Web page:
Palmers Party Long on Big Names

By Golf Channel DigitalMarch 13, 2007, 4:00 pm
2007 Arnold Palmer InvitationalThe PGA TOUR remains in Florida for the third of four straight events in the Sunshine State for the Arnold Palmer Invitational.
 
Formerly known as the Bay Hill Invitational, this event was renamed after TOUR legend Arnold Palmer. Palmer owns the fourth most PGA TOUR wins with 62, including seven major championship crowns.
 
Palmer played in this event for 35 straight years from 1970-2004. He won the title just once, 1971, and last made the cut in 1993 at the age of 64.
 
Tiger Woods
Tiger Woods would like nothing more than getting back into the winner's circle at Bay Hill. (WireImage)
Rod Pampling walked away with the title last year, thanks in large part to Greg Owen's gaffe. The two were playing together and at the 17th, Pampling stumbled to a bogey, seemingly to fall two behind.
 
However, Owen pushed his par putt. Then without lining up his bogey try, that putt lipped out. Owen tapped in for double-bogey as he and Pampling headed to the last tied for the lead.
 
Pampling two-putted for par at the last to earn the win as Owen could not save par from a greenside bunker. Pampling, who hails from Australia, became the second international player to win this crown. Ernie Els was the first in 1998.
 
A strong field is on hand this week with seven of the top 10 and 15 of the top 20 players from the latest world rankings teeing it up at Bay Hill. Jim Furyk, the second-ranked player in the world, is the highest ranked player not playing this week. He is taking the week off with a sore wrist.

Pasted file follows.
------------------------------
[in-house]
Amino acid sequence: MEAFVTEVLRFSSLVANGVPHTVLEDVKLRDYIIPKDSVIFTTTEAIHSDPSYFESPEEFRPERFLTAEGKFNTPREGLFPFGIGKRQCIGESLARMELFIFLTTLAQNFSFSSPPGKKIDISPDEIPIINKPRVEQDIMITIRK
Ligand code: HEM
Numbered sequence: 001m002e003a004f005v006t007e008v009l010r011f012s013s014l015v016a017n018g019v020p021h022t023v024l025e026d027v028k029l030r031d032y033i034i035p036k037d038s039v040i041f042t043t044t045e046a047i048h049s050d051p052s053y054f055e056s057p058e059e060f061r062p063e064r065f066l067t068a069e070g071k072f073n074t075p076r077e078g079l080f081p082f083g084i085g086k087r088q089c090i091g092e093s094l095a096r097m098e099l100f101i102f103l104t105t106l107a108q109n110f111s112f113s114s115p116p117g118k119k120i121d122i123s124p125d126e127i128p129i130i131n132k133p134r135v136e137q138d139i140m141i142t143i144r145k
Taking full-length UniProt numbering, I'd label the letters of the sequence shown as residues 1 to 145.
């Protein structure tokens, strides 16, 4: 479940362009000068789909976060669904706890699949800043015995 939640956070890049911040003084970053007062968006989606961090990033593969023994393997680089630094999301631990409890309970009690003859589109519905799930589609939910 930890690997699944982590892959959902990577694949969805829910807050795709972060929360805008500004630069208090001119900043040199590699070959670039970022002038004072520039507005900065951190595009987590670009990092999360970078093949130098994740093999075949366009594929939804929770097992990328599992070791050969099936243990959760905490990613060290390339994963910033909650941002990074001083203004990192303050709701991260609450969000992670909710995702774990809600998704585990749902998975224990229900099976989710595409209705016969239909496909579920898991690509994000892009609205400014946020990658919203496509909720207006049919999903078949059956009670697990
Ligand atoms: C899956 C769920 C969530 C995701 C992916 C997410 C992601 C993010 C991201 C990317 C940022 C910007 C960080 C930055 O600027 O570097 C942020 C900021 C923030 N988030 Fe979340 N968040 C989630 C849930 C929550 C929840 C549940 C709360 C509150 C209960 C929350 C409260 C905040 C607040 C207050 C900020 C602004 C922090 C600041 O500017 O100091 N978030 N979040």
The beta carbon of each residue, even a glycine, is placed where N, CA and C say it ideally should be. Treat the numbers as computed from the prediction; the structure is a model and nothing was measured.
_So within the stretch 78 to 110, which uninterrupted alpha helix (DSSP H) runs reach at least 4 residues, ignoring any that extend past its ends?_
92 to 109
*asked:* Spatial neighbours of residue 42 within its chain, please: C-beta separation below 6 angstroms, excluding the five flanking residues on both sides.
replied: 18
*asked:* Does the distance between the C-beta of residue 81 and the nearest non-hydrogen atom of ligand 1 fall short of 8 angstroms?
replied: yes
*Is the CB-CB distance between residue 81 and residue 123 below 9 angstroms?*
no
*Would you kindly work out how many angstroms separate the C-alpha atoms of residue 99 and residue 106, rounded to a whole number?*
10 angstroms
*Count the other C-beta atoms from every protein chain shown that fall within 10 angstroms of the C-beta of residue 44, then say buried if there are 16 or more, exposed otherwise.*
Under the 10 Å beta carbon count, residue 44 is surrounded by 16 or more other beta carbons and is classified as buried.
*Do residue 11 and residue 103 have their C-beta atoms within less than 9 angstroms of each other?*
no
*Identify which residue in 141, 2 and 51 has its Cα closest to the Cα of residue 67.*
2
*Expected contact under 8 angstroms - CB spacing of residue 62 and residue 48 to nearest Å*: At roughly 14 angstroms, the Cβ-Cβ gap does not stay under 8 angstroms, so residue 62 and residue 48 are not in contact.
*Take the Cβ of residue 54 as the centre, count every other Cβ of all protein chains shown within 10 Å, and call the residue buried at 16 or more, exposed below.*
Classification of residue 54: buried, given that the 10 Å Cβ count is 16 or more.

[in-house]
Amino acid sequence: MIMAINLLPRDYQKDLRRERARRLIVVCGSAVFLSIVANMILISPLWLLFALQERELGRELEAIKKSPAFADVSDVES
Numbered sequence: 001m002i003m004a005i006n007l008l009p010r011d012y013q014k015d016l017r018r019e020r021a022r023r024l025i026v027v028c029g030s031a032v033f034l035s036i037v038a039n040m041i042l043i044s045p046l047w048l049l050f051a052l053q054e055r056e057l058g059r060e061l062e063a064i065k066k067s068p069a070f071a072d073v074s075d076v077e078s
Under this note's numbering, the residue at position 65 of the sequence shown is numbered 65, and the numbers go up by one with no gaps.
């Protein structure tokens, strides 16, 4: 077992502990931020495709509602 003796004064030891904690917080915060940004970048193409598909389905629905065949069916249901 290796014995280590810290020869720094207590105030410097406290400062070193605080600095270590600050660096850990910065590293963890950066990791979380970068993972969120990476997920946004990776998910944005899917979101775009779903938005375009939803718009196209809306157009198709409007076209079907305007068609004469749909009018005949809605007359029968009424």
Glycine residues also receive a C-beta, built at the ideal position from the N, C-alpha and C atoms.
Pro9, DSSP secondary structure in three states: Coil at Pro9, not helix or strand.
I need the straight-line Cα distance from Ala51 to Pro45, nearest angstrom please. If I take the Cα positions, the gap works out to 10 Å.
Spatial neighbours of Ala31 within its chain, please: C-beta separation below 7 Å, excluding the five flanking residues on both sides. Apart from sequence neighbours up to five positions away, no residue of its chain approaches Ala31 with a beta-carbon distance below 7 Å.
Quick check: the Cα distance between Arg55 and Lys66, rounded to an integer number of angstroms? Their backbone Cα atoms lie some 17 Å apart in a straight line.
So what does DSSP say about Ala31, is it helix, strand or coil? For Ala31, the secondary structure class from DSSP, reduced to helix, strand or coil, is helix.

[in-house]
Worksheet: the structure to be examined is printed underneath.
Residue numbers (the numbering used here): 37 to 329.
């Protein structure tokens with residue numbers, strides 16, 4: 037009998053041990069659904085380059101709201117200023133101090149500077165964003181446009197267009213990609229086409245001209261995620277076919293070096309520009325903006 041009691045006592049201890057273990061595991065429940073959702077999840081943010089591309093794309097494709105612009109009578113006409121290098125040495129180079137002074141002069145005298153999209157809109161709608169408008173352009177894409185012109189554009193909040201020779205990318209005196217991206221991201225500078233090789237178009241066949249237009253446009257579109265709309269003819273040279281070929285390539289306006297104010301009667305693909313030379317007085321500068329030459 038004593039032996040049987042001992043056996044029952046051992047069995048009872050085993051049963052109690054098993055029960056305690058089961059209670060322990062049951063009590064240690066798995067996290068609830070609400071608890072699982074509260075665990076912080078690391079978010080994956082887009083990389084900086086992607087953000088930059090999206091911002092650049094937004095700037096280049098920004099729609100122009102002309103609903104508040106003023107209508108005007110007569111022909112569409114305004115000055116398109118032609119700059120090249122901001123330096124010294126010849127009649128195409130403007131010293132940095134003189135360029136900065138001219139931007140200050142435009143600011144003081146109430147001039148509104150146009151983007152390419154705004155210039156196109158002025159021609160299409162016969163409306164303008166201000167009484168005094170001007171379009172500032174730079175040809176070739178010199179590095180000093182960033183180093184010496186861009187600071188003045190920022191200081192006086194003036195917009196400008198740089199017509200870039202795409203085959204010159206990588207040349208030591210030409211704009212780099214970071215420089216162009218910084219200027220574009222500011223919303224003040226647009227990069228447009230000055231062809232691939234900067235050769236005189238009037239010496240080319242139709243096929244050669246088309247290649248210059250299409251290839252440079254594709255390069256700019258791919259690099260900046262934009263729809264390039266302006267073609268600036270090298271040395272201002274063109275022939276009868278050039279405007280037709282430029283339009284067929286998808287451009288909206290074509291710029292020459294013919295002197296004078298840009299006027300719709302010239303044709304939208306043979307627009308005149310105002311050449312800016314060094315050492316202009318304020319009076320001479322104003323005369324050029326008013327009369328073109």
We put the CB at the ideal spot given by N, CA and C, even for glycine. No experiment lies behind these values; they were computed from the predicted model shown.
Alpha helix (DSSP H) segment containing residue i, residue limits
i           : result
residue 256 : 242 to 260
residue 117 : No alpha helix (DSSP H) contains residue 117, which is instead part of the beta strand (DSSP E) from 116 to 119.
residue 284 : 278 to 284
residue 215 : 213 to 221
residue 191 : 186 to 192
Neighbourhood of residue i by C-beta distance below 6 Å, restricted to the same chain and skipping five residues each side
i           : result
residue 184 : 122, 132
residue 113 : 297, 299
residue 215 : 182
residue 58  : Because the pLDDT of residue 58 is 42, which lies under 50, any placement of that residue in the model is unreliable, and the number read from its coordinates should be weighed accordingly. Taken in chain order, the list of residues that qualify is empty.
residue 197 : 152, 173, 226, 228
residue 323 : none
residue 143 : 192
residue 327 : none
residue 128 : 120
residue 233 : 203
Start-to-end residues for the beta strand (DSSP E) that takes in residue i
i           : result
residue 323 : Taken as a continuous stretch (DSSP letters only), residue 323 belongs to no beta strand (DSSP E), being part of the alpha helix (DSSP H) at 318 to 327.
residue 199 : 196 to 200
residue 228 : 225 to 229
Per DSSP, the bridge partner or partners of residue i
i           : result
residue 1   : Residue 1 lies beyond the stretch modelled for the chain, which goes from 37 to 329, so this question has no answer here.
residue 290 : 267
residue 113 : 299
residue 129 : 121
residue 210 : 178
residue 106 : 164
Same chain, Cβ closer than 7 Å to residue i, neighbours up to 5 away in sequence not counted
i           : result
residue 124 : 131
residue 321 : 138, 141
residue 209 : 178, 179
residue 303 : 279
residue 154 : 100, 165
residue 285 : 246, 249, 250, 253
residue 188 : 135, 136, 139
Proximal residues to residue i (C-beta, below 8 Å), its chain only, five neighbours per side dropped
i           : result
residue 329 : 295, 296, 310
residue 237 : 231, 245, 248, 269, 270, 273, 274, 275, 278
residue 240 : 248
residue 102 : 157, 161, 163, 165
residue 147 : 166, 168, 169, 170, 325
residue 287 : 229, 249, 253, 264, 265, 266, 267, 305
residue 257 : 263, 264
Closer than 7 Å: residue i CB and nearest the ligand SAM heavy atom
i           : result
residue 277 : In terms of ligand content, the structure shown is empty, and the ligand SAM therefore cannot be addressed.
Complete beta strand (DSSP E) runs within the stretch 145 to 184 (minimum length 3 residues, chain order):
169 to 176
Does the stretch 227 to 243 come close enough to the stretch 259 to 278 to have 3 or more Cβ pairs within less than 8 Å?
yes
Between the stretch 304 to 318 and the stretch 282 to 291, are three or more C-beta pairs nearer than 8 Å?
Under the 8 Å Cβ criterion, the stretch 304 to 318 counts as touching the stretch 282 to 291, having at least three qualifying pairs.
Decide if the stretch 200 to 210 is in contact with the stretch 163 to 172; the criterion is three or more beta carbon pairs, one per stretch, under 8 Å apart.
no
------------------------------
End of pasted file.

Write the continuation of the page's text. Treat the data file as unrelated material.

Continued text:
The GOLF CHANNEL has coverage of the first two rounds, while NBC will cover the final two rounds.
 
Next week the TOUR plays the last of four straight events in Florida with the World Golf Championships - CA Championship, which will be played at Doral.
 
This replaced the Ford Championship at Doral and fell under the World Golf Championships umbrella. Tiger Woods fended off Camilo Villegas and David Toms to win the Ford Championship by one stroke in 2006.
 
But, as for this week, big names rule at the Arnie Invitational. Here are five not-so-surprising names to watch for:
 
Tiger Woods
Hey, the streak isn't dead yet. Well, at least the one that states he has won seven straight PGA TOUR stroke-play events. At one time Mr. Woods owned this event, racking up four straight wins from 2000-03. But the last three years Tiger has been anything but, well, Tiger. He's gone T-46, T-23, T-20 and has only broken 70 once in that span. It's a good bet, however, that he'll get his mojo back this week at his hometown event.
 
Phil Mickelson
Despite not playing at Bay Hill for the past four years, Lefty has built quite a resume in Arnies event, winning once and having three other top-5 showings. But in true Mickelson form, he has also missed the cut in three other starts. And so it goes for Phil, like always. Which Phil will show up ' miss-the-cut Phil or battling-for-the-lead Phil? Hes gone 1-2 in his last two starts, but with Augusta just around the corner, his mind might be elsewhere.
 
Sergio Garcia
Sergio Garcia is hoping to be in the hunt come Sunday. (WireImage)
Sergio Garcia
Much has been made about the 26-year-old Spaniards inability to score well in final rounds of events and here at this event is no different. In his seven starts at Bay Hill, Garcia has four top-10 finishes, including a T-10 last year. But, as stated above, his fourth-round scoring average is a glaring problem. He was tied for sixth heading into Sunday in 06 but posted a 1-over 73 and never threatened. He trailed Tiger by one in 2001 and closing 74 dropped him to fourth.
 
Geoff Ogilvy